Cheonggyecheon by nightEven though Christmas is a national holiday and Christians outnumber Buddhists here, everyone knows that the really big fanfare happens in the spring, to celebrate the birth of the Buddha. The entire country is decked out in lanterns for a couple of weeks, and temples all over the peninsula open their doors to worshippers and revellers (often with free tea!). Exploring Seoul by lantern-light and watching the temple parades are generally reckoned to be one of the highlights of a stay in Korea.

JogyesaWe arrived at the Jongno area (right on the parade route) just in time to hear the drums and yells of the approaching marchers. Each temple had sent a contingent of followers equipped with lanterns and floats, and for the next few hours we shouted and waved at their efforts and tried to guess at the mythological figures depicted (once we had finished scurrying around the roads trying to puzzle out the constantly-changing route, that is). The photographs below (culled from a much larger set) should give you some idea of what we were shown – if you find yourself in Korea during May, I recommend you experience it too.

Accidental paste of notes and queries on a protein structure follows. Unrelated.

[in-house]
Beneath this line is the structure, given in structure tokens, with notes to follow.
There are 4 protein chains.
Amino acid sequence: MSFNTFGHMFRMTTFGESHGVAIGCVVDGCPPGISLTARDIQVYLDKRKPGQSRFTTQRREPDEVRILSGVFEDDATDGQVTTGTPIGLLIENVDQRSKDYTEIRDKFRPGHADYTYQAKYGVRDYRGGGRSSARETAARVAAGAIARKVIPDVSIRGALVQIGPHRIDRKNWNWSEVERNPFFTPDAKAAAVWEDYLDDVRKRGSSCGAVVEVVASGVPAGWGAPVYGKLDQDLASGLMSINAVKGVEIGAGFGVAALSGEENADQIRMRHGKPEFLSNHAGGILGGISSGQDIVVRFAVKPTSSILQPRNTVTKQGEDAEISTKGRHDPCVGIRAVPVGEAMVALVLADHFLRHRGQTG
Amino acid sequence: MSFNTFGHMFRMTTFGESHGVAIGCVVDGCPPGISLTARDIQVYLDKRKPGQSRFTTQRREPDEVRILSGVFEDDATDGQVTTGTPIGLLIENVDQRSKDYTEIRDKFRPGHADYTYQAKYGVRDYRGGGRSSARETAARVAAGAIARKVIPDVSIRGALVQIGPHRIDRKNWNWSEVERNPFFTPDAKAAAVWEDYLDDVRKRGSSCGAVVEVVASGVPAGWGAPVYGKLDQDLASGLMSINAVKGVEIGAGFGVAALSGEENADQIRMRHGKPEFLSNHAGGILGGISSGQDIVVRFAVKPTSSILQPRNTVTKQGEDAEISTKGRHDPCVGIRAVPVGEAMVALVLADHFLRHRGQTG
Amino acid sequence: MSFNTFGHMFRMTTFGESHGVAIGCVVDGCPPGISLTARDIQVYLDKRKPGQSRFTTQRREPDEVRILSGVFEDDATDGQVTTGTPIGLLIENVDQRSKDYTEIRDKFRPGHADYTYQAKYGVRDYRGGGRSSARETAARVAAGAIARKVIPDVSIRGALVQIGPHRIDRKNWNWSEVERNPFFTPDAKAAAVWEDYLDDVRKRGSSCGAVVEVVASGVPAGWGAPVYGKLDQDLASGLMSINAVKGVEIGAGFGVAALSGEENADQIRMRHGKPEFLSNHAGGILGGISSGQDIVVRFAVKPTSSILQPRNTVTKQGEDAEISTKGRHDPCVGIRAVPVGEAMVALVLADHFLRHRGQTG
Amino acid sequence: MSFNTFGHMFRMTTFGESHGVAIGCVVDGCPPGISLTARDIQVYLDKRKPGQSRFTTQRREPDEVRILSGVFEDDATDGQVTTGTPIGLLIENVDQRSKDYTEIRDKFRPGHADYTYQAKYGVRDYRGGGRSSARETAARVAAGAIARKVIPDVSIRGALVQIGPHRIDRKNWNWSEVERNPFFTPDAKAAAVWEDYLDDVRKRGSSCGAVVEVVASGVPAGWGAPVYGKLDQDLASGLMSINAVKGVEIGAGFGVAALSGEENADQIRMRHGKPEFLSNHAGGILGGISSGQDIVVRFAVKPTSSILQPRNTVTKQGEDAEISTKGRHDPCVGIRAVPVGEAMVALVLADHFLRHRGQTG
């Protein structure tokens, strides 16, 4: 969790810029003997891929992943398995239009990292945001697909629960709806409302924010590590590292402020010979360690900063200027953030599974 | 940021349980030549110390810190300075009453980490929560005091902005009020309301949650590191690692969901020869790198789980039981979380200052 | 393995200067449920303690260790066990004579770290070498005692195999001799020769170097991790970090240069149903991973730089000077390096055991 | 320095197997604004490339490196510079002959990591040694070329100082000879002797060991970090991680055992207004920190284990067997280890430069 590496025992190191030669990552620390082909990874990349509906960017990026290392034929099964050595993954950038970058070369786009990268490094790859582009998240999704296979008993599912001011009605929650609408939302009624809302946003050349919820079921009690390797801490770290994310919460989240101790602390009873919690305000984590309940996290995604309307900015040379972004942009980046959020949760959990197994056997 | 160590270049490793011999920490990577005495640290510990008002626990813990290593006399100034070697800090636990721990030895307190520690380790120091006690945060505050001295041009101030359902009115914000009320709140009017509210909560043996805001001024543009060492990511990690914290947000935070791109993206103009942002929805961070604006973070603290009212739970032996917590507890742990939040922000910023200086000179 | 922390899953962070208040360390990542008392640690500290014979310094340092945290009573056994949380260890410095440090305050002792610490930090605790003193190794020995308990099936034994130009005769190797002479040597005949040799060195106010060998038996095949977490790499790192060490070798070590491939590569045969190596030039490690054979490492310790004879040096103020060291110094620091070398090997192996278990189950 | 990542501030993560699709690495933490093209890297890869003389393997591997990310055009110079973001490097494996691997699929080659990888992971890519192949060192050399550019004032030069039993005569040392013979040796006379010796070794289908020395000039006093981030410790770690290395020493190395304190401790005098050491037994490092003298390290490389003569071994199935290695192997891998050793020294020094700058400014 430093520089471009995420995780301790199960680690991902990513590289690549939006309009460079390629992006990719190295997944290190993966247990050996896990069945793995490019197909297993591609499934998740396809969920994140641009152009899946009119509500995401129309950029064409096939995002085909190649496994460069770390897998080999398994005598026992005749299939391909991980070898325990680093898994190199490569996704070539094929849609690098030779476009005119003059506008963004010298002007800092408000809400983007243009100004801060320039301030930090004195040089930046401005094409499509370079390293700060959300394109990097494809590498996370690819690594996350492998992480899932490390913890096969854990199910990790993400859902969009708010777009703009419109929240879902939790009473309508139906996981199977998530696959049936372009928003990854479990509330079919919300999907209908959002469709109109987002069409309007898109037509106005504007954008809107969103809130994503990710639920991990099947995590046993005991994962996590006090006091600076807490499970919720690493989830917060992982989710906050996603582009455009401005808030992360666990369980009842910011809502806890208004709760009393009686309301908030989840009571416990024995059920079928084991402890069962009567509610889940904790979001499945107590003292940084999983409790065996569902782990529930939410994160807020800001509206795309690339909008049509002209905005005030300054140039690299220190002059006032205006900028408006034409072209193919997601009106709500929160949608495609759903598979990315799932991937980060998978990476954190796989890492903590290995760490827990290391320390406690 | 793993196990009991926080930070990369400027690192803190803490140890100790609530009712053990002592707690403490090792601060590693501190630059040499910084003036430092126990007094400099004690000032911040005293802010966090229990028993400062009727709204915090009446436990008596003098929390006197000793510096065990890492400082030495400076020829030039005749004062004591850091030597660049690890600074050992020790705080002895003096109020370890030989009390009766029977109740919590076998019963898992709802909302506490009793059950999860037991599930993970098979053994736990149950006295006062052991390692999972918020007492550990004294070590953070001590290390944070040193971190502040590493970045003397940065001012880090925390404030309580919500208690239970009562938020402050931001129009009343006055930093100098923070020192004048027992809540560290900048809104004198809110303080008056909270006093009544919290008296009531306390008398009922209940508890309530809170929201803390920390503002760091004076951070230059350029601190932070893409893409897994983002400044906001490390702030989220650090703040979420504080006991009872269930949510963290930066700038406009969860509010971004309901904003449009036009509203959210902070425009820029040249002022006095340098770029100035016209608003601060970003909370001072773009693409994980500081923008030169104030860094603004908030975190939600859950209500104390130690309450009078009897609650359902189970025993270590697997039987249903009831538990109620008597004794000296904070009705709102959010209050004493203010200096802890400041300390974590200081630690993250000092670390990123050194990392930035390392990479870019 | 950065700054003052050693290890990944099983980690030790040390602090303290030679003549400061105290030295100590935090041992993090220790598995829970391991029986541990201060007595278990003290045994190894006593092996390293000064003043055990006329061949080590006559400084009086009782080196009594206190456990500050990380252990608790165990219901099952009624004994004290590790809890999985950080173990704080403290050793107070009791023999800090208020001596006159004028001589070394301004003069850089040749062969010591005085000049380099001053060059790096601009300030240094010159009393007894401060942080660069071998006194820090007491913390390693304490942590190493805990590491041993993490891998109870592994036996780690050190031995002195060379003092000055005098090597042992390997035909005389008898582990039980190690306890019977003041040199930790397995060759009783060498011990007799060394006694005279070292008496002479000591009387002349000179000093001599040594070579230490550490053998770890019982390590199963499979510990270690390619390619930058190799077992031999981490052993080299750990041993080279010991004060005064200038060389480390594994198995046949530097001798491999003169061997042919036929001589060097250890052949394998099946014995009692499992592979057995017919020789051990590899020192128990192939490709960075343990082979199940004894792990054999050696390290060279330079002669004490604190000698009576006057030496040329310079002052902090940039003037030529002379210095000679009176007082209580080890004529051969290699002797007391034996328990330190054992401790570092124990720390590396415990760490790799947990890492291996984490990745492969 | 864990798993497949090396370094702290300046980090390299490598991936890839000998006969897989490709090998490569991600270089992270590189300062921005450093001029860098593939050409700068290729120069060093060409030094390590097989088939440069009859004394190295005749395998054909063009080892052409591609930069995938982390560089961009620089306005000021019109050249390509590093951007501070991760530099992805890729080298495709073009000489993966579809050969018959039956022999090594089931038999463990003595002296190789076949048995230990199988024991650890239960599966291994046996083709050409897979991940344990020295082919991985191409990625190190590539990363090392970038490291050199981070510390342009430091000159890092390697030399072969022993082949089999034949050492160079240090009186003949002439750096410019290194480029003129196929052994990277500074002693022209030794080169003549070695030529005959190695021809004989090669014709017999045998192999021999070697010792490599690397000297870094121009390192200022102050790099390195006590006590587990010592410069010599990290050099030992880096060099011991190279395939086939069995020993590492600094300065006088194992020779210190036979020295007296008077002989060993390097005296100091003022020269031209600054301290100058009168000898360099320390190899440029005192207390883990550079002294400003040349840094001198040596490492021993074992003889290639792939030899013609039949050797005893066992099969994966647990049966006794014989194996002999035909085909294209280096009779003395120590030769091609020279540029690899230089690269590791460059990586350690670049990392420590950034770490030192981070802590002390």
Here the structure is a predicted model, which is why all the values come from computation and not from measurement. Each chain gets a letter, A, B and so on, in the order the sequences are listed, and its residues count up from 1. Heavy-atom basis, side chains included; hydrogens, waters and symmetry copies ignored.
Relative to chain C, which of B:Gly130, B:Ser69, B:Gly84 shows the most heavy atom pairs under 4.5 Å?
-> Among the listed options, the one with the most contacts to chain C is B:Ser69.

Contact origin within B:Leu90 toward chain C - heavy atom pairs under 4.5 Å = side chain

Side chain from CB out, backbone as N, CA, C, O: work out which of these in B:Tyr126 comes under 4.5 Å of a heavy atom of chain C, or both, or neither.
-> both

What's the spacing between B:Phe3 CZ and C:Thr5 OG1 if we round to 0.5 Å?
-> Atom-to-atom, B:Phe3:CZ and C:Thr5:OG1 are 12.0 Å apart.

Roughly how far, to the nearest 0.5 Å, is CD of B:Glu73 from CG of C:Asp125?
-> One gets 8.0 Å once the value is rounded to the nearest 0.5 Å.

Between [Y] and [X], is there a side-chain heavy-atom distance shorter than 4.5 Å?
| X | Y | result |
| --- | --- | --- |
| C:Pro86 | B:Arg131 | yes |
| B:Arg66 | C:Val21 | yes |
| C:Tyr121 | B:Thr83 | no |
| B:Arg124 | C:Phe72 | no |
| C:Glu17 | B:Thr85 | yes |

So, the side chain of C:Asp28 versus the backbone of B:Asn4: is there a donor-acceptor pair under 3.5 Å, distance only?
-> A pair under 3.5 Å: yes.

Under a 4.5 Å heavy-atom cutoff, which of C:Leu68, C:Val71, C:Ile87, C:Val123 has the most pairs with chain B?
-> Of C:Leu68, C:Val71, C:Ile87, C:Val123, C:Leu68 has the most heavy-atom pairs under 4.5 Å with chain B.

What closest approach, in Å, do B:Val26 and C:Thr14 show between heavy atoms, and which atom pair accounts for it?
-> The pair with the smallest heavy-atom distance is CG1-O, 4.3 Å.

Buddhist lantern (1)Buddhist lantern (2)

Buddhist lantern (3)Buddhist lantern (4)

Dragon float (4)Dragon float (3)

Dragon float (1)Dragon float (2)

Peacock float (1)Peacock float (2)

Phoenix float (1)Phoenix float (2)

Dragon lantern (1)Dragon lantern (2)

Tiger lanternSnake hood Buddhist

Buddha plus bodyguardsReclining float

All-encompassing BuddhaBuddhist crew (3)

Buddhist crew (1)Buddhist crew (2)

Elephant floatDragon riding float

Eco-floatFish float

Baseball floatAccessibility float

Jongno TowerClimbing monk

Lotus-elephant-lotus-BuddhaBuddhist triffid-lotus

Zhang Gu (Crayon Shin-chan)Mascot lantern

Buddhist road tripTank engine float

Pimped-up Buddhist monster truckBuddhacopter

Pig lantern (1)Pig lantern (2)